Occupied: Year 50

Israel’s military occupation of the West Bank and Gaza began five decades ago, when Israel defeated three Arab armies. Today, millions of Palestinians still face concrete walls, checkpoints and other Israeli controls. What does it feel like to be “occupied” in 2017? The lives of three people – a construction worker, a cancer patient and a tycoon – offer some answers.

In the newest city in the wannabe state of Palestine, the developer Bashar Masri is putting the finishing touches on his mall. Not just any mall. “A shopping experience,” as luxe as any in Israel, with aspirational sneakers, designer handbags, all the international brands never available here before.

Upmarket consumer options might be ho-hum news in most of the world, but this isn’t any other place.

Med.

Sea

ISRAEL

WEST

BANK

Tel Aviv

Rawabi

Ramallah

Jerusalem

Hebron

GAZA

40 MILES

This is the occupied West Bank, a hornet’s nest of a home to 2.6 million Palestinians and brigades of Israeli soldiers and 400,000 Jewish settlers who have come to claim the land they say was awarded to them by history and God.

Rawabi is the first planned city in the West Bank built by Palestinians for Palestinians, a $1.4 billion metropolis constructed over the last nine years from bare rock.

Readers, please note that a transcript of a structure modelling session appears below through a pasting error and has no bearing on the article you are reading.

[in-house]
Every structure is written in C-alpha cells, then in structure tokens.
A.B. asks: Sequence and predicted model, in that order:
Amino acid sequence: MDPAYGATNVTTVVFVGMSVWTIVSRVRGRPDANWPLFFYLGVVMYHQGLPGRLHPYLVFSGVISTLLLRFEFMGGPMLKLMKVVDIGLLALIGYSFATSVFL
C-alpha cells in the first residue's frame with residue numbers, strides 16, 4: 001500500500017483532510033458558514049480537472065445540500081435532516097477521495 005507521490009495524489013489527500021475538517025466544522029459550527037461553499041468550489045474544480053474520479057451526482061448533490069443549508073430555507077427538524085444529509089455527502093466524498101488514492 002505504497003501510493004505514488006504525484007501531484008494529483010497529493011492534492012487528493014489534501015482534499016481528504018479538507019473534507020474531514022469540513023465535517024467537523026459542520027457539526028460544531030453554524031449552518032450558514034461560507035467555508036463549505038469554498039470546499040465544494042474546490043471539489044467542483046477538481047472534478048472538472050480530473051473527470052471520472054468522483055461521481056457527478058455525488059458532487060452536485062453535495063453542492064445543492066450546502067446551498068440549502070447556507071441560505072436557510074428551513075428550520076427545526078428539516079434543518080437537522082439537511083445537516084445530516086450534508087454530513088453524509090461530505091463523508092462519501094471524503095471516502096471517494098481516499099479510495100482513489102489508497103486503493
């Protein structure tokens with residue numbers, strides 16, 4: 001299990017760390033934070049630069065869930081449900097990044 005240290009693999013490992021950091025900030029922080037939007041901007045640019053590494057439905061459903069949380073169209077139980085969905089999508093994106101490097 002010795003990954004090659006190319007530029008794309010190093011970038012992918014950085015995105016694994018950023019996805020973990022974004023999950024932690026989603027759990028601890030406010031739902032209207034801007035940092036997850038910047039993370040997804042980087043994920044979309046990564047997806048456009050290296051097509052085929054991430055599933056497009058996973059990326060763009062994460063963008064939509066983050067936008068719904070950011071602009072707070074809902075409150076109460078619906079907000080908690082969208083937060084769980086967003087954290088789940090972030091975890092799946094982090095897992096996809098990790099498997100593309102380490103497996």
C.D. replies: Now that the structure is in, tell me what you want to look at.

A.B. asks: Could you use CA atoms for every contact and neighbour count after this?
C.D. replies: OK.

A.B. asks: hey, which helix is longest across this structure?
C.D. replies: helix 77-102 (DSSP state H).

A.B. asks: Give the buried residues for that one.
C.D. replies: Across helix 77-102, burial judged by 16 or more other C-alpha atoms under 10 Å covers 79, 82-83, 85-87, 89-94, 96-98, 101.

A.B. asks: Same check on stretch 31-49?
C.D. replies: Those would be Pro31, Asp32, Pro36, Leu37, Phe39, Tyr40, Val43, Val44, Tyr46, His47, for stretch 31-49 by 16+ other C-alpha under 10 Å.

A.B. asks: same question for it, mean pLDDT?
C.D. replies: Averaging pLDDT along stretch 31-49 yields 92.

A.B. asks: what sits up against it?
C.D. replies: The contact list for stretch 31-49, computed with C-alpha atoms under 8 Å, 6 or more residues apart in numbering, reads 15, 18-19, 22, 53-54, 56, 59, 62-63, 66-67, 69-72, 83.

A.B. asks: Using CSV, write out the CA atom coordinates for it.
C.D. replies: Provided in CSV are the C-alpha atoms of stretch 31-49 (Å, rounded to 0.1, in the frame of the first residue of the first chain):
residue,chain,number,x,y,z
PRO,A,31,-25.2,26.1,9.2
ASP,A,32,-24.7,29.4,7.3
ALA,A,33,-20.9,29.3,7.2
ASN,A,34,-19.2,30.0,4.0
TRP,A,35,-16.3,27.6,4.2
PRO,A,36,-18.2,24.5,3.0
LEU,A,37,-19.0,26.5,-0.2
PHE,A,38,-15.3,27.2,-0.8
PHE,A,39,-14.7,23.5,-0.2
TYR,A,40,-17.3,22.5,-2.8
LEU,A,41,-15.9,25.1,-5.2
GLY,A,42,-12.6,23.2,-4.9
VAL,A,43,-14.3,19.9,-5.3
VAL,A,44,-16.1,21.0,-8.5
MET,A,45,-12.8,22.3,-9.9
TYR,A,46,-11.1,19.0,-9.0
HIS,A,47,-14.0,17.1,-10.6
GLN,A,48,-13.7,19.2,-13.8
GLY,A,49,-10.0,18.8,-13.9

The city is the most ambitious project in the Palestinian territories and today is the largest private-sector employer here.

Masri is billing his city on a hill as a revolutionary act, a raised fist with a wallet.

“We will live like normal people,” he said, “until the situation is normal.”

As the Israeli occupation of the West Bank turns 50 years old in June, Israel will celebrate the taking of Jerusalem in its near-miraculous Six-Day War against Arab armies led by Egypt, Syria and Jordan.

On the other side of 26-foot-tall concrete walls that surround Jerusalem, Palestinians will point to an occupation that now appears to be never-ending, with its levers of control ever present: the separation barriers, permit regimes, crowded checkpoints.

If Palestinians cannot get permission to spend their money in Israeli malls, Masri says, let them shop in Rawabi. That is how you build a state.

“And why not?” he said. “We’ve earned it.”

Rawabi is the counternarrative in the forever conflict in which Palestinians are often portrayed as terrorist or victim, living in refugee camps or dusty villages out of biblical times.

The Palestinians Masri has in mind? All the upwardly mobile dentists, Web designers and middle managers who don’t make the news.

The half-built city of Rawabi has been a media darling for years, a tour-bus destination for visiting Norwegian diplomats, Harvard Business School scholars, Arab venture capitalists, adventuresome American Jews, and most recently Coldplay — because nothing like this has been tried here before.

This is what a new Palestinian state could look like, says Masri, a metropolis with a 15,000-seat Roman-style amphitheater, hosting Broadway shows like “Cats,” with Palestinian techies typing code for Israeli companies and children learning crisp diction in the British-style Rawabi English Academy.

Masri believes that if he offers his people Zumba classes, they will come.

Or it could all fall apart.

Top: Famous entertainers adorn the upper walls of a 15,000-seat, open-air amphitheater in Rawabi. Bottom: Inventory is arriving at Nine West and other retail stores scheduled to open in the new Palestinian city.